Research Design and Methods: The CBAS-R will be developed in four phases as follows: Phase (1) item development, parameterization, and modeling; (2) establish procedures for administrations aimed at skills analysis and progress monitoring; (3) evaluate the validity and feasibility of the CBAS-R; and (4) disseminate the CBAS-R materials and research. The project team will work with a group of teachers to develop the items. A panel of experts will review and evaluate the items in order to optimize accuracy, content relevance, fairness, and difficulty. The expert panel will also conduct a sensitivity review to ensure the items are appropriate for youth from all racial, ethnic, and gender groups. Following item development and revisions, the items will be field tested with a group of approximately 11,250 students in grades K–5. Phase 2 will involve the development of administration procedures for the skills analysis and progress monitoring features of the CBAS-R. This process will enable the project team to choose the items that provide the most information regarding students' strengths and weaknesses to include in the final version. Additionally, items will be balanced for content, and criteria for terminating the assessment will be developed. Phase 3 of the project will involve validity and feasibility studies. Validity will be assessed psychometrically, including examining the correlations between CBAS-R scores and other measures of reading achievement. Feasibility studies will include assessing both the ease of test administration, and teachers' ease of interpreting and using the results of the CBAS-R. The final phase, Phase 4, will involve the final development and dissemination of the CBAS administration software.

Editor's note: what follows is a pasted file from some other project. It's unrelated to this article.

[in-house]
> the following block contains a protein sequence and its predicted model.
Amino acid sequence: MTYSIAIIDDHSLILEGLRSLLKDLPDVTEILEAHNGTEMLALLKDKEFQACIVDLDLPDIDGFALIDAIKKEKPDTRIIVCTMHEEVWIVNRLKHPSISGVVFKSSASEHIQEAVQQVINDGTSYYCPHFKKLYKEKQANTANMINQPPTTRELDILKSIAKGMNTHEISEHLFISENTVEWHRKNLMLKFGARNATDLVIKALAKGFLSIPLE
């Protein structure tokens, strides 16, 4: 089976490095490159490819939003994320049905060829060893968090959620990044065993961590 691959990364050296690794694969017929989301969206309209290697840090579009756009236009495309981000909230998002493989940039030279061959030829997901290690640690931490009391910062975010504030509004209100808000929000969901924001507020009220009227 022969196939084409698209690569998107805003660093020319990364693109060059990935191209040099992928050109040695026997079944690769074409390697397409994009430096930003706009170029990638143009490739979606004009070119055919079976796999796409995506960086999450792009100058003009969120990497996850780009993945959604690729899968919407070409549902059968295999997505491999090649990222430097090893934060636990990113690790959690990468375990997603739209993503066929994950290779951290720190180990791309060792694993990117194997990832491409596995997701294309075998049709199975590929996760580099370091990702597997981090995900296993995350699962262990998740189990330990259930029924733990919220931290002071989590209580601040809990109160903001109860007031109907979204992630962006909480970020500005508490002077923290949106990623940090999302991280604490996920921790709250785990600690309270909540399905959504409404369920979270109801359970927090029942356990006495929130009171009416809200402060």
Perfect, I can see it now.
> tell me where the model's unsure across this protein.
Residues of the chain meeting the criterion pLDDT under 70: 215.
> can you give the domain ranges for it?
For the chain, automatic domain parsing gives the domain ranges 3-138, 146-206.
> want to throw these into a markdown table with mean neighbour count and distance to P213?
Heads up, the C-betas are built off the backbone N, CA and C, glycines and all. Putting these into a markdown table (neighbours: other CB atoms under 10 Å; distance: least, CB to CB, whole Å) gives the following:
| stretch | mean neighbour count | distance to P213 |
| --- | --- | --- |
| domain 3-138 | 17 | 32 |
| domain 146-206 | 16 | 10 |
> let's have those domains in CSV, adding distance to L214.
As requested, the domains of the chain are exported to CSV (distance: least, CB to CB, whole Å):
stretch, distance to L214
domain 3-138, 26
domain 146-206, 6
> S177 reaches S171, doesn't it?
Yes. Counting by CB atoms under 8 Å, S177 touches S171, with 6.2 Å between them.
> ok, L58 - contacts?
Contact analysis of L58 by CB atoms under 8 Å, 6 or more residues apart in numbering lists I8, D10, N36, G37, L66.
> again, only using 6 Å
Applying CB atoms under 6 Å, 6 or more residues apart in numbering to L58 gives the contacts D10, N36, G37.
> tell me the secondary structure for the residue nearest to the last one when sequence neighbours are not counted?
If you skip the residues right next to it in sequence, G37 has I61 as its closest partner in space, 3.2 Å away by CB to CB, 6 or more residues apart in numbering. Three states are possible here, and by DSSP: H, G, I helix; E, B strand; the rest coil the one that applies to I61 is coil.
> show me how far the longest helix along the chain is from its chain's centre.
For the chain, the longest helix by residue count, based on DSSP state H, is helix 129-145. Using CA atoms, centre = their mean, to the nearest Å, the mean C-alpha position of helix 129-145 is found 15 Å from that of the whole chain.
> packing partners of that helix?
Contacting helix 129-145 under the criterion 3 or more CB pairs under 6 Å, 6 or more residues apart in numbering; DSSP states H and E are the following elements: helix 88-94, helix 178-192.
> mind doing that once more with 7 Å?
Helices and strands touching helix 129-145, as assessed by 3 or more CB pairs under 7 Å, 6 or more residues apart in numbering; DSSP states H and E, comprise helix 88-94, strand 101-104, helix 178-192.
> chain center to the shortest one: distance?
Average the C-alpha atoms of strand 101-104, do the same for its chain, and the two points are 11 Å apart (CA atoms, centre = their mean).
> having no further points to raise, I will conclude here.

Control Condition: Due to the nature of the research design, there is no control condition.
Key Measures: Criterion-related validity of the CBAS-R will be assessed using students' reading scores from the Minnesota State reading test, the Measures of Academic Progress, the Curriculum-Based Measurement of Reading, and the Dynamic Indicators of Basic Early Literacy Skills. Interviews, rating scales, and observations will be used and allow the project team to assess feasibility of the assessment in classrooms.
Data Analytic Strategy: Each of the first three phases of the project will involve different data analytic strategies. Phase 1 will use a three-parameter Item Response Theory (IRT) design to model the parameters of item difficulty, item discrimination, and an estimate for guessing. Additionally, the project team will use a bifactor model (which assumes each item loads on a general factor and only one component factor) and full-metric concurrent calibration, so that the final CBAS-R will produce estimates for broad and component reading skills on the same scale. Phase 2 will include a Differential Item Functioning analysis which will allow the project to determine if the CBAS-R items function the same for members of various racial, ethnic, and gender groups. Finally, Phase 3 will include tests of validity and reliability using IRT and testing for correlations with reading scores from a variety of assessments already in use.
Journal article, monograph, or newsletter
Kendeou, P., McMaster, K.L., Christ, T.J. (2016). Reading Comprehension: Core Components and Processes. Policy Insights from the Behavioral and Brain Sciences, 3, 62–69.